Hello everyone! Its that time of the week again, where we get to learn about happenings in the development space. Today we are super excited to be having an article on female education for the first time on the blog. Have a great read!

Female Education is a catch-all term of a complex set of issues and debates surrounding education (primary education, secondary education, tertiary education, and health education in particular) for girls and women. It includes areas of gender equality and access to education, and its connection to the alleviation of poverty. 

Education systems and schools play a central role in determining girls’ interest in various subjects, including Science, Technology, Engineering and Mathematics (STEM) subjects, which can contribute to women’s empowerment by providing equal opportunities to access and benefit from quality STEM education.

A report shows that women in Nigeria are more involved than men in virtually all areas of agricultural activities ranging from farm clearing to processing. In spite of this, the women are still victims of a social order that treats them largely as second position role players. Thus, gender bias against women ranges from labor market discrimination to exclusion from policymaking.

This discrimination exacerbates poverty by preventing the majority of women from obtaining the credit, education, training, health services, child care and legal status needed to improve their prospects. One clear noted area of imbalance against women has been in the area of education. It is therefore not surprising that women’s inadequate access to education has been the source of the various discrimination and violence that they suffer.

Therefore, education is stressed to be the solution and a necessity in eliminating the barriers to female discrimination. Improving girls’ educational levels has been demonstrated to have clear impacts on the health and economic future of young women, which in turn improves the prospects of their entire community.

An educated woman has the skills, information, and self-confidence that she needs to be a better parent, worker, and citizen. When women are educated, the world becomes more prosperous. Therefore, it is essential to educate women in order to significantly alleviate poverty in the society; such that they become a voice and an instrument of improving global development.

Written by: Bukola Samuel, B.Sc

Economics graduate and volunteer at In Our Hands Initiative.


Hello everyone! I trust we have had a wonderful first quarter of the year? if no, not to worry the year only just got better for you!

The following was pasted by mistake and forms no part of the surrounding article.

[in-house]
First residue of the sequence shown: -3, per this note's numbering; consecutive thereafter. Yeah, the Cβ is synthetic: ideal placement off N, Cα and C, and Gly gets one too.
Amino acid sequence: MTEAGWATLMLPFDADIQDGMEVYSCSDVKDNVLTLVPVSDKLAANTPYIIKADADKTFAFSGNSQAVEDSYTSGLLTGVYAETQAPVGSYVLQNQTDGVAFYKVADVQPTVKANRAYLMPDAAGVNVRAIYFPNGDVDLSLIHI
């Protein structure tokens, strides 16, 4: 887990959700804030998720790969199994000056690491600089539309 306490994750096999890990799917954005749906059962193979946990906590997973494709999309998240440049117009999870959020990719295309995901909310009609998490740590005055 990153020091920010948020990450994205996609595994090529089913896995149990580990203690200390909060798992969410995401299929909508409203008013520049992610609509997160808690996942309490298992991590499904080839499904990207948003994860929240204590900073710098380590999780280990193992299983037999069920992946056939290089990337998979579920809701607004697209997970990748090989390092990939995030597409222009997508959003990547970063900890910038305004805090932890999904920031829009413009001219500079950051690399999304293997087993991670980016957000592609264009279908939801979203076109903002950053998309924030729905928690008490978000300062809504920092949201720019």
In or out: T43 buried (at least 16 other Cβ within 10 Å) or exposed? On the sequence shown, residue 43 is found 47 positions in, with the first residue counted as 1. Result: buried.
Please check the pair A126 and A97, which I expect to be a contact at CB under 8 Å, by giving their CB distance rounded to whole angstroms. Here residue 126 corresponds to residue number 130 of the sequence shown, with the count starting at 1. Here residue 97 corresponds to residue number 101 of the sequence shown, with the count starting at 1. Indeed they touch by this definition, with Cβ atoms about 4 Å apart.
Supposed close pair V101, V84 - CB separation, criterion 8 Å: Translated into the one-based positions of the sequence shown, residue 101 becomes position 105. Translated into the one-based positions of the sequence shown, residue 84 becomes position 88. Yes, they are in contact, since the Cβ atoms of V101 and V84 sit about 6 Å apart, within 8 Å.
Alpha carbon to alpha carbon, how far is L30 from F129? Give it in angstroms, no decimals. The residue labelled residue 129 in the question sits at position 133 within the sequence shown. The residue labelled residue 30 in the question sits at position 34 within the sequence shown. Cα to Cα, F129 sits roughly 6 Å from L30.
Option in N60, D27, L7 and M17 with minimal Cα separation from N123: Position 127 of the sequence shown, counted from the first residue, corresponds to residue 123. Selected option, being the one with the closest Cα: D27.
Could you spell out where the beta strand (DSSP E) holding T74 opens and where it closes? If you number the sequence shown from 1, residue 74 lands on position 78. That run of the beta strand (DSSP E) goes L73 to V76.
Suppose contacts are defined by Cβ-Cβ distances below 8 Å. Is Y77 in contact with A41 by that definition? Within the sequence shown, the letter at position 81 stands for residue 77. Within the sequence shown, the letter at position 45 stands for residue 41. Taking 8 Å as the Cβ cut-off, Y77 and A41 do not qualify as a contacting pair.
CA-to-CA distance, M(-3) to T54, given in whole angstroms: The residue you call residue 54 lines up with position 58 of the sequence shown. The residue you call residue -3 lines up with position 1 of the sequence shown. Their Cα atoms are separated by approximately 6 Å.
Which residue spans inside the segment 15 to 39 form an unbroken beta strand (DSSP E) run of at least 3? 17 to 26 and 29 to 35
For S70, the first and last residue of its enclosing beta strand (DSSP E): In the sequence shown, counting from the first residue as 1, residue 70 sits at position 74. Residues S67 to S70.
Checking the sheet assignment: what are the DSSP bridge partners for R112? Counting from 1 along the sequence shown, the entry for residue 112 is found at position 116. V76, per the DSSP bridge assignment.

On today’s episode of the Echoes series, we have an interesting topic “Empathy”. Wondering why we are talking empathy on a gender and development forum? You should find out soon enough. Keep reading.

Empathy is, at its simplest, awareness of the feelings and emotions of other people. It is a key element of Emotional Intelligence, the link between self and others because it is how we as individuals understand what others are experiencing as if we were feeling it ourselves.

Empathy goes far beyond sympathy, which might be considered ‘feeling for’ someone. Empathy, instead, is ‘feeling with’ that person, through the use of imagination. it is about defining, understanding, and reacting to the concerns and needs that underlie others’ emotional responses and reactions. Empathy is a skill that can be developed and, as with most interpersonal skills, empathizing (at some level) comes naturally to most people.

There are several elements of empathy but for the sake of this write up, we would discuss one.

  • Understanding others: This is perhaps what most people understand by ‘empathy’: “sensing others’ feelings and perspectives, and taking an active interest in their concerns”. Those who do this:
    • Tune into emotional cues. They listen well, and also pay attention to non-verbal communication, picking up subtle cues almost subconsciously Show sensitivity, and understand others’ perspectives.
    • Are able to help other people based on their understanding of those people’s needs and feelings.

You will agree with me that more empathy is displayed, the more peaceful our community gets. The more we all respect each other’s feelings and accept each other’s flaws. When we have empathy, we through our imaginations understand what people go through and then we know better than laughing at them, or mocking them or being violent. This way we, in turn, create an environment free from violence and gender inequality, here by creating a peaceful and just world!

Written by : Demilade Lawal

We are a youth-led non-governmental organisation set out to advancing human rights, advocating for gender equality, enhancing quality education through policy and developmental strategies.

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